I read somewhere that this was the case. I get what profit margins and cost-push inflation are, but don't see how increase in marginal profit causes cost-push inflation? Also, how does increase in money supply cause cost-push inflation?
You can think on prices like $p = (1+m)w$, which means that prices are the value of inputs ($w$) multiplied by the margin ($1+m$) of the firms. So it is clear that raising firms margin would increase prices. This is cost-push inflation because the margin are part of the firm´s costs, it is a payment to a factor, like capital or entrepreneurship.
A raise in money supply don´t cause cost-push inflation directly, but causes demand-push inflation, which can increase also increase the prices of productive factors and inputs to production (w) as well, if firms can pass this increases in their cost to produce to their price, then you have a channel of cost-push inflation.
Because of the higher costs firm must raise their prices, which definitely leads to inflation. As well as, higher marginal costs lead to higher marginal profits.
What kind of events cause higher marginal costs?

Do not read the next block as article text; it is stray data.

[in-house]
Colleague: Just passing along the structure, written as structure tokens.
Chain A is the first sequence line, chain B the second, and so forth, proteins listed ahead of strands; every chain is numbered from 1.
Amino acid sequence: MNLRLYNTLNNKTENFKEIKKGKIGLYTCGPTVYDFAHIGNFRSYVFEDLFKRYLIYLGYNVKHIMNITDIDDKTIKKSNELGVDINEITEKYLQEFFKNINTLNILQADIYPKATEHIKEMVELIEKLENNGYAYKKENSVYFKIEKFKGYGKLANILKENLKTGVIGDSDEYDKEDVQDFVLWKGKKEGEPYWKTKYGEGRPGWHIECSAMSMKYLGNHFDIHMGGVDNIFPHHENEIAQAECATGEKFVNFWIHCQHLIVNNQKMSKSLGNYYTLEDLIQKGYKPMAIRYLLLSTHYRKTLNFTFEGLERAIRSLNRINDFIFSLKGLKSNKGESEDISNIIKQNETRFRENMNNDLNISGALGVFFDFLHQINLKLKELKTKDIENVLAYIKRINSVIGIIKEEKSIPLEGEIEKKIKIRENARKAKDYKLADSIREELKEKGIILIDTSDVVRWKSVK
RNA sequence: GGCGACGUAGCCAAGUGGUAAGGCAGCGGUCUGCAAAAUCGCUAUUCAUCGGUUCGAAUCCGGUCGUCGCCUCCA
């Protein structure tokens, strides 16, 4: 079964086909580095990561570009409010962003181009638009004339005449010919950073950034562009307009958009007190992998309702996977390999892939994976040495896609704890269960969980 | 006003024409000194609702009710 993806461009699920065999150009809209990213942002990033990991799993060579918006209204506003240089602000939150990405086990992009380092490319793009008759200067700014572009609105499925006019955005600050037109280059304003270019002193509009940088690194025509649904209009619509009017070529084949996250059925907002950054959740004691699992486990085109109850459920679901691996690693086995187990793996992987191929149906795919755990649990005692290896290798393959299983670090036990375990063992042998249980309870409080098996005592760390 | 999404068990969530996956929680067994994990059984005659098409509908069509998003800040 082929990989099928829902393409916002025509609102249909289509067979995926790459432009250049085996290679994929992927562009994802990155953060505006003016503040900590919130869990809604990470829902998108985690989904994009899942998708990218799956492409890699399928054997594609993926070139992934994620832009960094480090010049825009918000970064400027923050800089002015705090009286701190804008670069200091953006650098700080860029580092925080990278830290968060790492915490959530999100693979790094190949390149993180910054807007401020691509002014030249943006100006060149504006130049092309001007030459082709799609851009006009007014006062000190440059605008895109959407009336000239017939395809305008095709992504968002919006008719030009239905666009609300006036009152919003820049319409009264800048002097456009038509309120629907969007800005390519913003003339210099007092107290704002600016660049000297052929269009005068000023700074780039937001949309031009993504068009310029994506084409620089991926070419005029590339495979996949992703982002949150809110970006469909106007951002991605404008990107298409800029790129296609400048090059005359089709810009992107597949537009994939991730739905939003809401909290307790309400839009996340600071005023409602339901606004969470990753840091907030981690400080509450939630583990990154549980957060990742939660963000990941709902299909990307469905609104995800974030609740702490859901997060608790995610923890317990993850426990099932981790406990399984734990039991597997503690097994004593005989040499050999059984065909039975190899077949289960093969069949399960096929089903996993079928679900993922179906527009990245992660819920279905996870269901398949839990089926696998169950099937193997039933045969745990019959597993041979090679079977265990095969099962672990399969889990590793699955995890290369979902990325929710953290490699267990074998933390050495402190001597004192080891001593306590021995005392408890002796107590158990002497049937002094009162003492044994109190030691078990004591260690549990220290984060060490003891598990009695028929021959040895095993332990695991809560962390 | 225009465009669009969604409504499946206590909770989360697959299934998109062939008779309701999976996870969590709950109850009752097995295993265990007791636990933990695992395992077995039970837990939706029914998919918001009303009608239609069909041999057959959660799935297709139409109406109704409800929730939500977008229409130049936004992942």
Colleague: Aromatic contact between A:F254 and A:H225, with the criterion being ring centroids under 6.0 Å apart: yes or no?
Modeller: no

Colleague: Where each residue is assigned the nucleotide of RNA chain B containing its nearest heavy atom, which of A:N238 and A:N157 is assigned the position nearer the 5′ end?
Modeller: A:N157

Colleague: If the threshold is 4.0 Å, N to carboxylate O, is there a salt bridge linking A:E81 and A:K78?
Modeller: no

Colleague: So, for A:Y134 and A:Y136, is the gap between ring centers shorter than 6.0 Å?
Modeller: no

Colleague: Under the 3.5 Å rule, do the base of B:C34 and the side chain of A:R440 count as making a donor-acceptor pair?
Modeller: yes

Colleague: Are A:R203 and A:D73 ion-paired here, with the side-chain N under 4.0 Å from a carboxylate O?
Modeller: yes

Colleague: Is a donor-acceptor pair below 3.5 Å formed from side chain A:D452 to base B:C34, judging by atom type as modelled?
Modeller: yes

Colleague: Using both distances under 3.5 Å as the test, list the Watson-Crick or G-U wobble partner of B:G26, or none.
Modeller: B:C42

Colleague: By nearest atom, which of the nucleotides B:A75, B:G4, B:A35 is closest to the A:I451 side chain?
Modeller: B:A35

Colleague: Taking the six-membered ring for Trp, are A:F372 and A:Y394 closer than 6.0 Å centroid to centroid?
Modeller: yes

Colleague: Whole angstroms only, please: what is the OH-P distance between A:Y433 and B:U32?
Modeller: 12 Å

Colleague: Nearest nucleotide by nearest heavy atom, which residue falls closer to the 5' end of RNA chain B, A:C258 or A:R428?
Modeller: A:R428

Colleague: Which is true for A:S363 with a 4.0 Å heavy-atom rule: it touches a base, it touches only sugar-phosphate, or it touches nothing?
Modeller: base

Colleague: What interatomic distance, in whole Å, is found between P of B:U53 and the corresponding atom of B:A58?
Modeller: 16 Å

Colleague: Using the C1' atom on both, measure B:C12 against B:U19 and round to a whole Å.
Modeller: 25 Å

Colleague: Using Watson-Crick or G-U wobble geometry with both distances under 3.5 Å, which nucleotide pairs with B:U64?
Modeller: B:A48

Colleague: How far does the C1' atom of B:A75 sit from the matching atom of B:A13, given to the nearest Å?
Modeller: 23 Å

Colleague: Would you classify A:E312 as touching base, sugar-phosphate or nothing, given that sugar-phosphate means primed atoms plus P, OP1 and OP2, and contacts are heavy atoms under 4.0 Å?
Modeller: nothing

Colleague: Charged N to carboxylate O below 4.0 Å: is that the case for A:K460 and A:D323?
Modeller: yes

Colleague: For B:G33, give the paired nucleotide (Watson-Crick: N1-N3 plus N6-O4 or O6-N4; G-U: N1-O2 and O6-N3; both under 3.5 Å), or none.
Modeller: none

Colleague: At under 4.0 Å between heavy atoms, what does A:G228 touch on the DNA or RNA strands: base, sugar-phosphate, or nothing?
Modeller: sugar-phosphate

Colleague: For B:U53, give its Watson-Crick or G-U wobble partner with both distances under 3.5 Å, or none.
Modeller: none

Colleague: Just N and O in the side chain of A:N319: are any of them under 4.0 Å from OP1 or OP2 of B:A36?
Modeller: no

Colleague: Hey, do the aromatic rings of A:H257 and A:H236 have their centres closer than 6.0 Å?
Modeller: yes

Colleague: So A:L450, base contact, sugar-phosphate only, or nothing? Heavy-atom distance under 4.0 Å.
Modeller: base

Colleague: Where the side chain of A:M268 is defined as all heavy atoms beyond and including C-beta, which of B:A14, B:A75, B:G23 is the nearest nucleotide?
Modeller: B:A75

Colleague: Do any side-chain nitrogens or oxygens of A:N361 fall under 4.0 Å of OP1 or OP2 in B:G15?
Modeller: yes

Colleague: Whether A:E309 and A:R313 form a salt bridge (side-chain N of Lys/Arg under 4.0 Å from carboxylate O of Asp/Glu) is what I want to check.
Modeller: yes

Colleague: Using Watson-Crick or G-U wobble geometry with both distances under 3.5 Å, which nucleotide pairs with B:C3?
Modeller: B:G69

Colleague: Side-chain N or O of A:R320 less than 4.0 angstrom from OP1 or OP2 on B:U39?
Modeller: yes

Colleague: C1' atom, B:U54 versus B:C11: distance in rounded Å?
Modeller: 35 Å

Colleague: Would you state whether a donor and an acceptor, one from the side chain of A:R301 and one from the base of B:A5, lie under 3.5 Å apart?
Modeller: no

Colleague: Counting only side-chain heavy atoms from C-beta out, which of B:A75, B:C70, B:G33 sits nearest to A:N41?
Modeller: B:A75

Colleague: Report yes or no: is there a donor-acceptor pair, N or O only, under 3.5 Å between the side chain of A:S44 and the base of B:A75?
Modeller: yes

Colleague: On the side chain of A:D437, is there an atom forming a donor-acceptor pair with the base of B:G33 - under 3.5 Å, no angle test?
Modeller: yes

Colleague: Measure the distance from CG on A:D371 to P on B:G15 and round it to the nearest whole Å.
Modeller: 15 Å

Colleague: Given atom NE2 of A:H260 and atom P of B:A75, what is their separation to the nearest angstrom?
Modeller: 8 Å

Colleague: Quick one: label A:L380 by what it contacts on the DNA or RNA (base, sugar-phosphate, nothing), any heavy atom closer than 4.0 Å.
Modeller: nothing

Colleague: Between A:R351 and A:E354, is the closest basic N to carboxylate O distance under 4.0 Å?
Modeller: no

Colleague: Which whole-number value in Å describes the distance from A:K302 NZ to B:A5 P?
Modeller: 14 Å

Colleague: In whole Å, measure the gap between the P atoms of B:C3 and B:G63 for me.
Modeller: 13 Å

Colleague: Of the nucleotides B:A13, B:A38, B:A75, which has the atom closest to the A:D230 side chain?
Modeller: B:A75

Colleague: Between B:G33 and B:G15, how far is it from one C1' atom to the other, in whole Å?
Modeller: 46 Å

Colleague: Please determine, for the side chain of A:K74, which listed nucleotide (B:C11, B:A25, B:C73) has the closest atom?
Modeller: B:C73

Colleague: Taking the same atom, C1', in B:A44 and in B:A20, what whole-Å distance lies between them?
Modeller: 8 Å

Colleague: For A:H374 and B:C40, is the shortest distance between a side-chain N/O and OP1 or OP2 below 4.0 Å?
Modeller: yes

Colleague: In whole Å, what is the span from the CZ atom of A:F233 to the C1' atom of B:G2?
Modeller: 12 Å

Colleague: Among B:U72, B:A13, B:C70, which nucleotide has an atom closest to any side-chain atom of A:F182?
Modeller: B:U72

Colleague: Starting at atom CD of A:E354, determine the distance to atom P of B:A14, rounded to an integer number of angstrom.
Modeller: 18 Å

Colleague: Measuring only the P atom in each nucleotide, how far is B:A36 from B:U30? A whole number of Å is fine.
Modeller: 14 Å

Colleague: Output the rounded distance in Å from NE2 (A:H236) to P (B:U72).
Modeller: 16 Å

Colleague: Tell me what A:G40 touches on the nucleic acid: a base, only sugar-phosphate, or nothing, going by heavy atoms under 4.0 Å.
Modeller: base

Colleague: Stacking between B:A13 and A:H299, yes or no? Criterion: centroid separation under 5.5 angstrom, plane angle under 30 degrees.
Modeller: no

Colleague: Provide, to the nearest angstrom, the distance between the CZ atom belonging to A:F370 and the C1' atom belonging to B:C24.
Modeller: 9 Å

Demand shock: there is a huge demand for products in the market, so the firm decides to produce more exceeding his optimal cost structure. He must increase his prices, too.
Supply shock: Accidentally, the prices of capital or labour become expensive. At the end, he must increase the price of products again.
This phenomenon leads to overheating spiral: higher profits cause higher costs, and higher costs cause higher profits. The government must set higher treasury rates to kill off the inflation monster.
Sub-question. Increasing the money supply leads to the reverse effect of the former. Higher money supply increases the nominal rates, which give birth to crowding-out effect, so the aggregate output diminishes. As a result of lack of demand, the prices of production factor sink, which decrease the level of costs.